4/17/13 - the precious children of england

In today's selection -- in the 1700s and 1800s, the new factories of the Industrial Revolution took a gruesome toll on the underprivileged children of Great Britain, all under the complicit eye of factory overseers, physicians, and government officials:

"Children went to work after their sixth birthday. The Industrial Rev­olution did not invent child labor, but it did expand and systematize the exploitation of the very young. The reign of George III saw a rising trade in orphans and pauper children, collected from the parish workhouses of London and Birmingham, who were shipped off in thousands to the new industrial centers of Derbyshire, Nottinghamshire and Lancashire. One London child-slave, Robert Blincoe, who was placed in the St. Pancras Workhouse in 1796 at the age of four and sent off with eighty other abandoned children to the Lambert cotton mill outside Nottingham, gave testimony to a Parliamentary committee on child labor some forty years later:

Q. Do you have any children? -- Three.

Q. Do you send them to factories? -- No; I would rather have them trans­ported. ... I have seen the time when two hand-vices of a pound weight each, more or less, have been screwed to my ears, at Lytton mill in Der­byshire. These are the scars still remaining behind my ears. Then three or four of us have been hung at once on a cross-beam above the machinery, hanging by our hands, without shirts or stockings. Then we used to stand up, in a skip, without our shirts, and be beaten with straps or sticks; the skip was to prevent us from running away from the straps. . . . Then they used to tie up a 28-pounds weight, one or two at once, according to our size, to hang down our backs, with no shirt on.

"Doctors tended to side with their class allies, the factory-owners, and went on record again and again with their considered opinions that cot­ton lint, coal dust and phosphorus were harmless to the human lung, that fifteen hours at a machine in a room temperature of 85 degrees did not cause fatigue, that ten-year-olds could work a full night shift without risk of harm. Employers, naturally, resisted the very thought of reform. Some of them were cultivated men like Josiah Wedgwood, uncle to Charles Darwin and heir to his father's great pottery in Staffordshire, who employed 387 people -- 13 under ten years old, 103 between ten and eighteen -- in such work as dipping ware in a glaze partly composed of lead oxide, a deadly poison which, as he admitted, made them 'very subject to disease,' though no more so than plumbers or painters. Yet 'I have a strong opinion,' Wedgwood told the Peel Committee in 1816, 'that, from all I know at present of manufactories in general, and cer­tainly from all I know of my own, we had better be left alone.'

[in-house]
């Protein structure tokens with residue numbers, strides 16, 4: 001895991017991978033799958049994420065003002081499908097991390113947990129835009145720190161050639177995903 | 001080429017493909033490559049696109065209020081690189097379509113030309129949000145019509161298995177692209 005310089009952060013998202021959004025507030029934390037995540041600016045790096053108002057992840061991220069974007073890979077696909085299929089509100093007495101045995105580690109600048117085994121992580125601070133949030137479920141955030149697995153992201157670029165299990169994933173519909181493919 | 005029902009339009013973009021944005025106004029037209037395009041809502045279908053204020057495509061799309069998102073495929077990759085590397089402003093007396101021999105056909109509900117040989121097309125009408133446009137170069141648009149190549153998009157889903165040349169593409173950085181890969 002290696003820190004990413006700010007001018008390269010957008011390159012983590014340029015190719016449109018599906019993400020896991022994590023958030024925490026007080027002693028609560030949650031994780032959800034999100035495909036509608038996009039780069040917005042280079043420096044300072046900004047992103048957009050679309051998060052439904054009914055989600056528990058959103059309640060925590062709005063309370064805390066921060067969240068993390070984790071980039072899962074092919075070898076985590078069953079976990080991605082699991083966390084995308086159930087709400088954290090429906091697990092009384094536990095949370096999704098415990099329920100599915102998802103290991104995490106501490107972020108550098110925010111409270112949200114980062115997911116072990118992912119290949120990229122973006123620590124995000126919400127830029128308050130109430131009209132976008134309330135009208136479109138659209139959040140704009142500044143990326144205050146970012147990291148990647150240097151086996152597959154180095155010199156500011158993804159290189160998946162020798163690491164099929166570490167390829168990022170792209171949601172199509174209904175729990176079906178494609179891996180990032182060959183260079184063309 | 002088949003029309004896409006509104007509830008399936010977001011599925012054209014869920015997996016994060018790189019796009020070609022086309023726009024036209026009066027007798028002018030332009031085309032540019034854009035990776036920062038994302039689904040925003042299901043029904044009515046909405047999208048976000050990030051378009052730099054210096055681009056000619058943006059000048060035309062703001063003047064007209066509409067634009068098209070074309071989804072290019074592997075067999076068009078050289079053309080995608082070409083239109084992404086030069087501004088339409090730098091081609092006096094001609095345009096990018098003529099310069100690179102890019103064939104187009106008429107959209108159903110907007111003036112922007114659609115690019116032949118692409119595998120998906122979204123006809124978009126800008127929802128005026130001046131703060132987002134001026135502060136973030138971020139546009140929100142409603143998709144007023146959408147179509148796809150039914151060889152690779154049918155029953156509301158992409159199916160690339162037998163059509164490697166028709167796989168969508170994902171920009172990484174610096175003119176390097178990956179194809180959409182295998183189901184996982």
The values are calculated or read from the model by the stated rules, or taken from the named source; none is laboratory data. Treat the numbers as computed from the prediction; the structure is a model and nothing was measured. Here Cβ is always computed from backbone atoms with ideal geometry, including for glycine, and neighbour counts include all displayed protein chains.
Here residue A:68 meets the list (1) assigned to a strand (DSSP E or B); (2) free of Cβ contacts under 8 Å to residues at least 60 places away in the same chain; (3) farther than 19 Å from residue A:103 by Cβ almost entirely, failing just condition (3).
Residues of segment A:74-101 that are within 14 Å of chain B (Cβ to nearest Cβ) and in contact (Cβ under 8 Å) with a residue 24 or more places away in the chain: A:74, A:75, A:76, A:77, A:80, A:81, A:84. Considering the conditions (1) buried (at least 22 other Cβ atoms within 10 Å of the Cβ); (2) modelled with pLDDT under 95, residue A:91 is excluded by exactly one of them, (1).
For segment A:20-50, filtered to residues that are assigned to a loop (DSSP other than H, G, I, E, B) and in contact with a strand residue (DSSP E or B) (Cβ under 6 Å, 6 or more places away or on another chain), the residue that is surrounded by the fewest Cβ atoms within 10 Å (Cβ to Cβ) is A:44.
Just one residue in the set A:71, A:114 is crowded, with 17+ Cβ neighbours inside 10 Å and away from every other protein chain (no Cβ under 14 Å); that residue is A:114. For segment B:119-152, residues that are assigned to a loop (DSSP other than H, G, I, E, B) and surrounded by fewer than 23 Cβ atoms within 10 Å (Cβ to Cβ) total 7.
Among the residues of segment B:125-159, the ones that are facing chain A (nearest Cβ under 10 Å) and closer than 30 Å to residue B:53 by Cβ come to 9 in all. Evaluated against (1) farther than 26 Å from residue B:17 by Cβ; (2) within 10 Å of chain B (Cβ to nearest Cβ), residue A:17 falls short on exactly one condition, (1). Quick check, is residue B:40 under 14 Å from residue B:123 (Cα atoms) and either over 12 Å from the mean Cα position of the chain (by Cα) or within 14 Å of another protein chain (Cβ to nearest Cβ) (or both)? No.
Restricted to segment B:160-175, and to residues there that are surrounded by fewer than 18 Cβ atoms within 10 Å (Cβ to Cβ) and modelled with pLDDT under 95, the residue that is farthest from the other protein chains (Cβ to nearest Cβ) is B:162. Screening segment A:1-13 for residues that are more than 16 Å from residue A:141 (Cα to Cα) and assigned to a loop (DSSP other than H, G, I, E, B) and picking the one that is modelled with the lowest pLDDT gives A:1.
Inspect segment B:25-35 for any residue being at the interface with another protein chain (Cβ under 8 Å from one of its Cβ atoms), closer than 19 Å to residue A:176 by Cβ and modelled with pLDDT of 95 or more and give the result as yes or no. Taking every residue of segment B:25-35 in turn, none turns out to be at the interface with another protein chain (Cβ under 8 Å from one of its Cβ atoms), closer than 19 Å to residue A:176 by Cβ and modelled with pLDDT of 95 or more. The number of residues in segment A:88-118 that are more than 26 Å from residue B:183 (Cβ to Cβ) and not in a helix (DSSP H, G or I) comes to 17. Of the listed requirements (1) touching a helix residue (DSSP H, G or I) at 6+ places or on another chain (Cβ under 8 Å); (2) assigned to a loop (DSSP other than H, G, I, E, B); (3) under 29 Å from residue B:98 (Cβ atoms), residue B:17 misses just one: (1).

"Of all the testimony offered to the Royal Commissions on factory labor, there is perhaps none more chilling than the evidence of Joseph Badder, a children's overseer in a Leicester mill, to the Factory Commis­sion of 1833. It has a prophetic ring: Here, the factory-induced dystopic visions of man as automaton that would run from Mary Shelley's Fran­kenstein, or The Modern Prometheus (1818) to Fritz Lang's Metropolis (1926) are made pitiably concrete:

'I used to beat them. ... I told them I was very sorry after I had done it, but I was forced to it. The masters expected me to do my work, and I could not do mine unless the children did theirs. Then I used to joke with them to keep up their spirits.

I have seen them fall asleep, and they have been performing their work with their hands until they were asleep, after the billy [yarning machine] had stopped, when their work was over. I have stopped and looked at them for two minutes, going through the motions of piecening [joining threads in spinning] fast asleep, when there was really no work to do, and when they were really doing nothing.' "


Robert Hughes


The Fatal Shore: The Epic of Australia's Founding


First Vintage Books Edition


Copyright 1986 by Robert Hughes


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